Last week, at the Ohio Health Care Association 2018 Human Resources Conference, HR professionals gathered for a roundtable to answer the age-old question: how do we solve recruitment and retention challenges in senior care?
During a completely frank and enlightening conversation, several attendees shared what’s working for their communities - and what's not. I figured I'd spare you the grizzly details about what's been ineffective and get right to the good stuff. Here are eight tactics that have managed to move the needle in terms of hiring and engaging employees, according to conference attendees.
Wanting to guarantee an interview on the spot for all people that inquire, one community trained several people to step in when needed. If someone walks in to apply, and a hiring manager or recruiter is unavailable, they always have someone on hand who is prepared to properly conduct the interview. As a result, they rarely, if ever, turn away candidates that walk through the door, lowering the risk of losing them to the community down the street.
One community gives applicants the opportunity to shadow prior to hiring them. They sign off on HIPPA-related material before they hit the floor for their three-hour stint; either 7a-10a or 7p-10p. During this time, they follow a mentor (generally an aide) but refrain from doing any hands-on activities with the residents.
The aide shadowed observes this person's interactions and behavior to help HR make a hiring decision. This process has even helped some applicants realize that certain settings, like rehab, are too stressful for them, which is helping to produce hires that are well suited for their role.
Each department picks a representative or two to attend a monthly meeting that focuses on process improvements at the community. They can bring forth any issues their departments are facing before the committee and then work with management to develop a solution. It's also a place to share their ideas. Each meetings’ minutes are posted afterwards to give the entire community visibility into what was discussed.
Morning Team Huddles
Noticing a string of comments on poor communication from management during employee exit interviews, one community instituted morning team huddles at the start of every shift, where the supervisor pulls together the direct-care staff on the unit to touch base for about three to five minutes. Employee feedback on the morning huddles has been extremely positive, communication has improved and everyone seems to be on the same page.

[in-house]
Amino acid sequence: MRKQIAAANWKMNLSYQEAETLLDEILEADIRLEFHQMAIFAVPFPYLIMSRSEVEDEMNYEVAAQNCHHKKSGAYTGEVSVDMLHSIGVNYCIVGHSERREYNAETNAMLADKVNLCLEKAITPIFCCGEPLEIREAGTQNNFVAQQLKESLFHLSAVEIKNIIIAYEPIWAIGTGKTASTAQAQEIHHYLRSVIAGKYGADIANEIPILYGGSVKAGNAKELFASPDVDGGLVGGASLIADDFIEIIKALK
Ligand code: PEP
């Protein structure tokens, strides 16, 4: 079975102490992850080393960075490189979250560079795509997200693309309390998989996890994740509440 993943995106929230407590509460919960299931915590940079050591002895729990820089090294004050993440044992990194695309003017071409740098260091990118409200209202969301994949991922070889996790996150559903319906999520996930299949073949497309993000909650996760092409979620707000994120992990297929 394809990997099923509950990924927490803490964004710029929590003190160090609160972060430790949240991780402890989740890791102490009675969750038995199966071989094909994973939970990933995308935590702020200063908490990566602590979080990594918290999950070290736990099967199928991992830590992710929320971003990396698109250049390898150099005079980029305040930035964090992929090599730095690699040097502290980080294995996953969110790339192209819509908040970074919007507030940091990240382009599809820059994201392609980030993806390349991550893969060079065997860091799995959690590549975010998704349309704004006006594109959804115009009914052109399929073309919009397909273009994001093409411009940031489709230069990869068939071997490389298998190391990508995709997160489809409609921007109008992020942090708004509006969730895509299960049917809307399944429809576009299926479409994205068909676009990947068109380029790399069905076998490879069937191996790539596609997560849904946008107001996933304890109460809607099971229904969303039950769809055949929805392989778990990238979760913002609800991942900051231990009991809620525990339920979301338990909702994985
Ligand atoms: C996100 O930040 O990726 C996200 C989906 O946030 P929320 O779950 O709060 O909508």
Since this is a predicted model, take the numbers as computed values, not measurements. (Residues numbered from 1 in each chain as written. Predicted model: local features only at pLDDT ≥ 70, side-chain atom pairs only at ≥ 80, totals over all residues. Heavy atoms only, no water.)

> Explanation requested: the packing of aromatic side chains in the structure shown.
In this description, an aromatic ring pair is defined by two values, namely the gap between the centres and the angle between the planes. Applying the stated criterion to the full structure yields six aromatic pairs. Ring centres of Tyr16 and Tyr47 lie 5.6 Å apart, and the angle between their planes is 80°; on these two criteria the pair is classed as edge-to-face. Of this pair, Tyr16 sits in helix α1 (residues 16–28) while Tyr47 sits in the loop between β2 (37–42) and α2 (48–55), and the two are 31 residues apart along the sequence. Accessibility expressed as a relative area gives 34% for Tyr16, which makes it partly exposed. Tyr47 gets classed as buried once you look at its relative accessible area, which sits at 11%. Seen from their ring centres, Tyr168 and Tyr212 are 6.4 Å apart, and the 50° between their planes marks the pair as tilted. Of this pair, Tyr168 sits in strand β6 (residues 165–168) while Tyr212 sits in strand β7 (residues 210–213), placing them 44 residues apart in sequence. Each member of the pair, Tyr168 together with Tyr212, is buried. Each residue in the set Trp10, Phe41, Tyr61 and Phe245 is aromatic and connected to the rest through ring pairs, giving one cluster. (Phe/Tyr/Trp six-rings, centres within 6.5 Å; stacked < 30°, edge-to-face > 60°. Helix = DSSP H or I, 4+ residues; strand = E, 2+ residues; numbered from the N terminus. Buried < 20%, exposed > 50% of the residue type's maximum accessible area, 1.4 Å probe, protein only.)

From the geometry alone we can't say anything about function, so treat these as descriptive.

Another attendee added that they like to do employee recognition and anniversary shout-outs during their morning huddles, as well.
Formal Leadership Development
One community regularly sends all employees in management positions to leadership conferences. That includes administrators, and even schedulers – who are not traditionally thought of as managers, but have a very important, employee-facing role. Recently, they had a leadership consultant come in and teach management about the importance of embracing millennials, as well as other younger generations, and all the positive things each group brings to the workforce.
The people you put in leadership positions have a huge impact on engagement and turnover. According to a Gallup report, 50% of people have left a job because of their manager.
A HR executive during the event said they get their best employees from referrals. Good people usually know good people, so those that currently don’t have a program in place, should strongly consider implementing one.
One community reinvests their yearly workers compensation rebate check back into their employees in the form of bonuses. Based on performance, each staff member gets a tiered cut of the total amount.
Several people said they are successfully connecting with applicants and scheduling interviews using text messaging. It's no surprise they're seeing an uptick in responses and interviews scheduled since data out there shows this is the preferred communication method of today's workforce.
One attendee chimed in and said the biggest employee pleaser out of anything they offer is flexible scheduling. Letting new employees choose their desired shifts and current employees adjust their schedule as necessary goes a long way in providing the work-life balance that today's workforce wants.